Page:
By Melissa Jackson
“Greet Prisca and Aquila, my fellow workers in Christ Jesus, who risked their necks for my life, to whom not only I give thanks but all the churches of the Gentiles give thanks as well.”
Prisca (also known by the diminutive name Priscilla) and her husband Aquila were special to the Apostle Paul. Tentmakers who had been forced to leave Rome when the Jews were exiled by Claudius, the couple first met Paul in Corinth. They took him into their home and allowed him to work alongside them in their trade while he proclaimed the gospel there (see Acts 18:1-3). After remaining with them for 18 months, Paul departed for Syria and took the couple with him (vv. 11, 18). He later left them in Ephesus to establish the church there (v. 19). In his letter to the Romans, Paul doesn’t elaborate on how Priscilla and Aquila “risked their necks” for him, but it may have been during his stay in Ephesus (see Acts 19:23-41; 1 Cor. 15:32; 2 Cor. 1:8-11).
The mentions of the couple in Scripture are brief, but one verse in Acts 18 tells us much about them. Hearing Apollos preaching in the synagogue in Ephesus, the couple realized that he did not have a complete understanding of the gospel, so “they took him and explained to him the way of God more accurately.” (v. 26). There is much we can glean from this verse, regarding both women’s roles in the church and the best way to handle conflict.
First, after realizing Apollos was in error, they went to him privately. The didn’t berate or accuse him publicly, but took him aside to explain (Gk. “ektithemi”: explain, elaborate, expound) his error. Acts 18:26 “provides positive support for the idea that men and women can explain God’s Word to each other in private and informal settings (such as personal conversation or a small group Bible study) without violating the prohibition in 1 Timothy 2:12 against women teaching an assembled group of men.” (ESV Study Bible, p. 2125)
How is this so? In Acts (Reformed Expository Commentary), author Derek Thomas explains that Ephesians 5:22,24 requires a woman to be subject to her own husband, but not to every man.
“Priscilla could teach Apollos, and she did this within the confines of her own home and not in public. Even so, she must do it without crushing the role that Aquila must play in this instruction, even if he was less able than she was.” (p. 533)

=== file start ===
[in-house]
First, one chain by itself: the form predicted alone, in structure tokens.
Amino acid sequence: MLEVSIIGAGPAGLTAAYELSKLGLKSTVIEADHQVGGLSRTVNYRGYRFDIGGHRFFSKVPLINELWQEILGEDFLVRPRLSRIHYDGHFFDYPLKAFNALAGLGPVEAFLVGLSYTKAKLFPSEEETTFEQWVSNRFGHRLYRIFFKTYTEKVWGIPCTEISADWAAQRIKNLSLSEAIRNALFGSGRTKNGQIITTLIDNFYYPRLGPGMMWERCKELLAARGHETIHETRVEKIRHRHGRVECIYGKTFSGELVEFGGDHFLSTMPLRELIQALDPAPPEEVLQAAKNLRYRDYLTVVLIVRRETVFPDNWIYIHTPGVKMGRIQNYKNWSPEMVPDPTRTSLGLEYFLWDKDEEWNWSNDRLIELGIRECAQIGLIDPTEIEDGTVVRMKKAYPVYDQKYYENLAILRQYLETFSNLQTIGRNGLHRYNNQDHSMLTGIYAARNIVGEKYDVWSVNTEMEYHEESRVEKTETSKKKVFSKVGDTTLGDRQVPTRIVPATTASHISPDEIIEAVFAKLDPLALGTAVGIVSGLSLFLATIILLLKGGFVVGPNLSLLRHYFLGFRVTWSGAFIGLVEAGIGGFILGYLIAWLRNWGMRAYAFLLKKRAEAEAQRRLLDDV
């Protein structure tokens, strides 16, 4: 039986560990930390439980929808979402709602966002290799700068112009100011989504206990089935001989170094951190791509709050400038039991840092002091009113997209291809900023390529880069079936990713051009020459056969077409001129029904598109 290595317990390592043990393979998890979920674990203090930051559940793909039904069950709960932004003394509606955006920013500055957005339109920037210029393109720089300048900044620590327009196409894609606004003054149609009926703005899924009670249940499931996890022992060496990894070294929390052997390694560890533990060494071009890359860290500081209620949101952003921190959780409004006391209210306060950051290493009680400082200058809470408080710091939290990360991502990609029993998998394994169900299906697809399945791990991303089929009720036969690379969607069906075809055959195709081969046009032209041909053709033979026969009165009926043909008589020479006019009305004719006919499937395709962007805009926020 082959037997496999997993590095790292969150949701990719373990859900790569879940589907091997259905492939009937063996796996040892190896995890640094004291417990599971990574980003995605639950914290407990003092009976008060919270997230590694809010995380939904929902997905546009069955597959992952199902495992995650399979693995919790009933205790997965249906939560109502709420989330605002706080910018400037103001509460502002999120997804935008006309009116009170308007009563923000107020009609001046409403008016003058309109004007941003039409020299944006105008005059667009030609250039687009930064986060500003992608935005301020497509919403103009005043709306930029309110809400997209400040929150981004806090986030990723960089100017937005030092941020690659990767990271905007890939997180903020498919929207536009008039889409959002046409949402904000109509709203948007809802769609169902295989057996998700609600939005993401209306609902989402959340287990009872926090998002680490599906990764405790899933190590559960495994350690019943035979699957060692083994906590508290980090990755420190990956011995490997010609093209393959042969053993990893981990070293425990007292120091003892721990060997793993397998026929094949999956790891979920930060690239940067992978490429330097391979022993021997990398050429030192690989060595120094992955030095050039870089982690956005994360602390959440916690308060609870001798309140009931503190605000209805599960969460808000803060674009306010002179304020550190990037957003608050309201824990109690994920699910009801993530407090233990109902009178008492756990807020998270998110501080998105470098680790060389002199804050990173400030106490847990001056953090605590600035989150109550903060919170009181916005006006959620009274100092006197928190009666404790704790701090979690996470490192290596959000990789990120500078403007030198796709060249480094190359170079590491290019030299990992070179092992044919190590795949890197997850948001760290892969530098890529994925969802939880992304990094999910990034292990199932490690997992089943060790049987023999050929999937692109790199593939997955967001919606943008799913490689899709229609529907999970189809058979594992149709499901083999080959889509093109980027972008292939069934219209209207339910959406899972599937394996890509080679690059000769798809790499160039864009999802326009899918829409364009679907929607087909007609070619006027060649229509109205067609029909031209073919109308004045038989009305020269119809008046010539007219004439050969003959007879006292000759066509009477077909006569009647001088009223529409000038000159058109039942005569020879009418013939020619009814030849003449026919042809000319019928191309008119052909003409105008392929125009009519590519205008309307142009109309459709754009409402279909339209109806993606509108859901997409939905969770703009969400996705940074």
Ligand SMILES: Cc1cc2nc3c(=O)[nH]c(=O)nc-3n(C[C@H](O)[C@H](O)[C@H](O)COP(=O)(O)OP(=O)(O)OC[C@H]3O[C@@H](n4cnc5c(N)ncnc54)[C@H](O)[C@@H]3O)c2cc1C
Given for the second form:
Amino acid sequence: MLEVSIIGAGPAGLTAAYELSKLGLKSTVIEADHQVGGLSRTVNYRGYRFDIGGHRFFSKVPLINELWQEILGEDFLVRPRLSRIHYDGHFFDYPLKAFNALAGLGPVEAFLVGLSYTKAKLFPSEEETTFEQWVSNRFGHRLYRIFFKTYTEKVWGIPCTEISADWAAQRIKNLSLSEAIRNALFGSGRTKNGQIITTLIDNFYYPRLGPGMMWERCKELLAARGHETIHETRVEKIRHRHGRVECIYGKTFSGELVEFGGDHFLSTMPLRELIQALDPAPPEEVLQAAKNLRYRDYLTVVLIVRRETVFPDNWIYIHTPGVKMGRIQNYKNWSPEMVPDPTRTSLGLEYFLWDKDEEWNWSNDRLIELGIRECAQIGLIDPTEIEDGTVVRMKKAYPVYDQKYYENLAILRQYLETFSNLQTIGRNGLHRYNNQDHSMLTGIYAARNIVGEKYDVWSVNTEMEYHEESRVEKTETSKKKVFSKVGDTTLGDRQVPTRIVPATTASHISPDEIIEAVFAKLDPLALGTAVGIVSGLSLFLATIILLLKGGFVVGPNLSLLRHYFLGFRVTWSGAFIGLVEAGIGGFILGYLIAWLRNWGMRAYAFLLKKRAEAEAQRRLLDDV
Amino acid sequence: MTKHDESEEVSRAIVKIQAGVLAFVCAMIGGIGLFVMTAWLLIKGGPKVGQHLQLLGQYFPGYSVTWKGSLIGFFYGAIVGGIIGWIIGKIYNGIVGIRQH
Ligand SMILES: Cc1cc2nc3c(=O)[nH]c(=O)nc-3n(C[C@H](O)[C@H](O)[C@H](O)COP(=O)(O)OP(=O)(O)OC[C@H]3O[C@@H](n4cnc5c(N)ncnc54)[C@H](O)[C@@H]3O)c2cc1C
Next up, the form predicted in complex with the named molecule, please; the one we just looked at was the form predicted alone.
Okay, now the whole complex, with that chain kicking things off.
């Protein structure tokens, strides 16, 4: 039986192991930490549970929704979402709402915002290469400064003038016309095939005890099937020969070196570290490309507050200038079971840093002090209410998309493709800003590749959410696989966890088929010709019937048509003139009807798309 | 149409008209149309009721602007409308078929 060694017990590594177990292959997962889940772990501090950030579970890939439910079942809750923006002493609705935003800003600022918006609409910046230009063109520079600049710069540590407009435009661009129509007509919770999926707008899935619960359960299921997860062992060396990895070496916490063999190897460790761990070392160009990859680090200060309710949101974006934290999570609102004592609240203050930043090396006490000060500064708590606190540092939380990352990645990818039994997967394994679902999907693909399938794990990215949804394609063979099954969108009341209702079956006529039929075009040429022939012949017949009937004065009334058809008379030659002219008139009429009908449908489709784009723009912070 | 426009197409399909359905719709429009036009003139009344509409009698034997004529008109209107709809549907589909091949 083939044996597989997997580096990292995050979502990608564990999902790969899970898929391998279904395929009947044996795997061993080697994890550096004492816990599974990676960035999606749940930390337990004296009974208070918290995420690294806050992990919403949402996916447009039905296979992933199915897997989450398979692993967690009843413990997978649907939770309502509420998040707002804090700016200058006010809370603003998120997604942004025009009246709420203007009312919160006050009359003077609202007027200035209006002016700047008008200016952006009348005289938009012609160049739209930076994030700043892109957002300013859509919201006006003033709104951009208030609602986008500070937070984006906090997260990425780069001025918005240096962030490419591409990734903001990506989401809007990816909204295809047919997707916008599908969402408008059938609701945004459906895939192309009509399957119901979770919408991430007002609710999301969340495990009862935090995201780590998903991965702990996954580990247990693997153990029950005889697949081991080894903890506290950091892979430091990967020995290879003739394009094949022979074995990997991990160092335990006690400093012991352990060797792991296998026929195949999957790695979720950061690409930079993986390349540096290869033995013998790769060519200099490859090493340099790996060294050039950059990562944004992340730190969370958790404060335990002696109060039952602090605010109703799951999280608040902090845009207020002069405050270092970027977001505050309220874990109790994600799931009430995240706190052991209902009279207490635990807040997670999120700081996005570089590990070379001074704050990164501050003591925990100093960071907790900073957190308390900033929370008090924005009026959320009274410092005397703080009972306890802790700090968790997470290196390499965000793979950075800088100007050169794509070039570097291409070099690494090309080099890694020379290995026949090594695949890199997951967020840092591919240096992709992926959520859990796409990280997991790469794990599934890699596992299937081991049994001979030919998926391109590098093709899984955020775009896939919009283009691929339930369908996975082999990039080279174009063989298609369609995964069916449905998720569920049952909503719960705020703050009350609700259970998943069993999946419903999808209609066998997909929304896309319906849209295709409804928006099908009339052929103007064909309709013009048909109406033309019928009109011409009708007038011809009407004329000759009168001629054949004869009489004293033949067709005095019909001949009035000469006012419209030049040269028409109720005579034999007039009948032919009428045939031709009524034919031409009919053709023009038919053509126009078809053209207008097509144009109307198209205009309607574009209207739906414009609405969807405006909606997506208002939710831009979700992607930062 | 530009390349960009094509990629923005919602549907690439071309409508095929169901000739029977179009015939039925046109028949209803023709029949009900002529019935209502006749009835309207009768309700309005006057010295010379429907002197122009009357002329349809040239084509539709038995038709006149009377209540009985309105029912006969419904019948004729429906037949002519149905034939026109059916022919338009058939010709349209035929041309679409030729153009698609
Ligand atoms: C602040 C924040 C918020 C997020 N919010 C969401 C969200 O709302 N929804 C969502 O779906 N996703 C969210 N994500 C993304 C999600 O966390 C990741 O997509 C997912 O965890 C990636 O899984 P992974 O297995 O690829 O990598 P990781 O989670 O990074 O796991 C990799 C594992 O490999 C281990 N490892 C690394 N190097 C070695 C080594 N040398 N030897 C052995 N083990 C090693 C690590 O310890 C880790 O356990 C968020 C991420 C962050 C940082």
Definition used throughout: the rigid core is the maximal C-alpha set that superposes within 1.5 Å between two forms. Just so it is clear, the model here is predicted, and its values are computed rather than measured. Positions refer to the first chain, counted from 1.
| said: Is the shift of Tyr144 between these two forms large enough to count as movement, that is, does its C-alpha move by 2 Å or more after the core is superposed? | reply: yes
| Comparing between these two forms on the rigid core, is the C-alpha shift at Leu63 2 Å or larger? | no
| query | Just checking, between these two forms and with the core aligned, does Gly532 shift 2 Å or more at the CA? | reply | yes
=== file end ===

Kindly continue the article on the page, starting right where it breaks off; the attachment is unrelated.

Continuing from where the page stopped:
Given the fact that Acts 18:26 tells us both Priscilla and Aquila took Apollos aside, we can conclude that Priscilla had her husband’s blessing to be part of this interaction with Apollos.
Acts 18:26 not only sets a precedence of women instructing men privately (as long as their husbands are present and approving), the verse also gives us a biblical example of how handle conflict. My pastor is preaching through the Book of Acts and he used this verse to bring out some points of consideration when differences arise among believers.
First, is it a disagreement or a matter of miscommunication? Priscilla and Aquila knew that Apollos had limited knowledge, even though he “had been instructed in the way of the Lord.“ (v. 25) They didn’t want to discourage him, but they understood that he was miscommunicating the gospel. Thomas says, “[T]his is an example of what a godly couple can do for a young man who shows promise of future usefulness...Their generous hospitality and encouragement ensured that the church was better served.” (pp. 532, 533)
Second, is this necessary for salvation? Apollos was a genuine believer who had the Spirit (v. 25). As believers, we will likely find ourselves in arguments over matters that are necessary for salvation. In those times, we must stand firm and speak the truth in love. (see Ephesians 4:10-16)
Third, do believers have a history of disagreement on this? There are non-salvific matters some believers will never agree upon (e.g. the millennium, election, alcohol). In these situations, we must ask ourselves if continual debate is beneficial to those involved and those witnessing it.
Fourth, have I prayed about my position and searched the Scriptures? In other words, have I merely assumed my position because it’s what I’ve been taught, or someone I respect holds the same belief?
Fifth, have I sought the counsel of others? Priscilla and Aquila had spent quite a bit of time under the Apostle Paul’s tutelage. They knew their theology was correct.
And last, have I counted the cost if I adopt the alternative position? Will changing my position make me a better Christian or will my theology suffer? We don’t know for certain, but we can assume that Apollos was affected by his encounter with Priscilla and Aquila. His ministry thrived. Verses 27 -28 tell us that “...he greatly helped those who through grace had believed, for he powerfully refuted the Jews in public, showing by the Scriptures that the Christ was Jesus.”
In one of my favorite lines from Anne of Avonlea, Mr. Harrison describes Rachel Lynde, “She can put a whole sermon, text, comment, and application, into six words, and throw it at you like a brick.” Christian women may be tempted to do that more often than we care to admit when we run into someone who disagrees with us. Priscilla gives us a Scriptural example of how to behave otherwise.
About the Author: Melissa Jackson is a working mother, living a quiet and simple life in rural Virginia with her husband and teenage daughter. She enjoys reading, writing, coffee, and chocolate. She is passionate about the Word of God, her family, and discipling teenage girls. She blogs at One Quiet Life.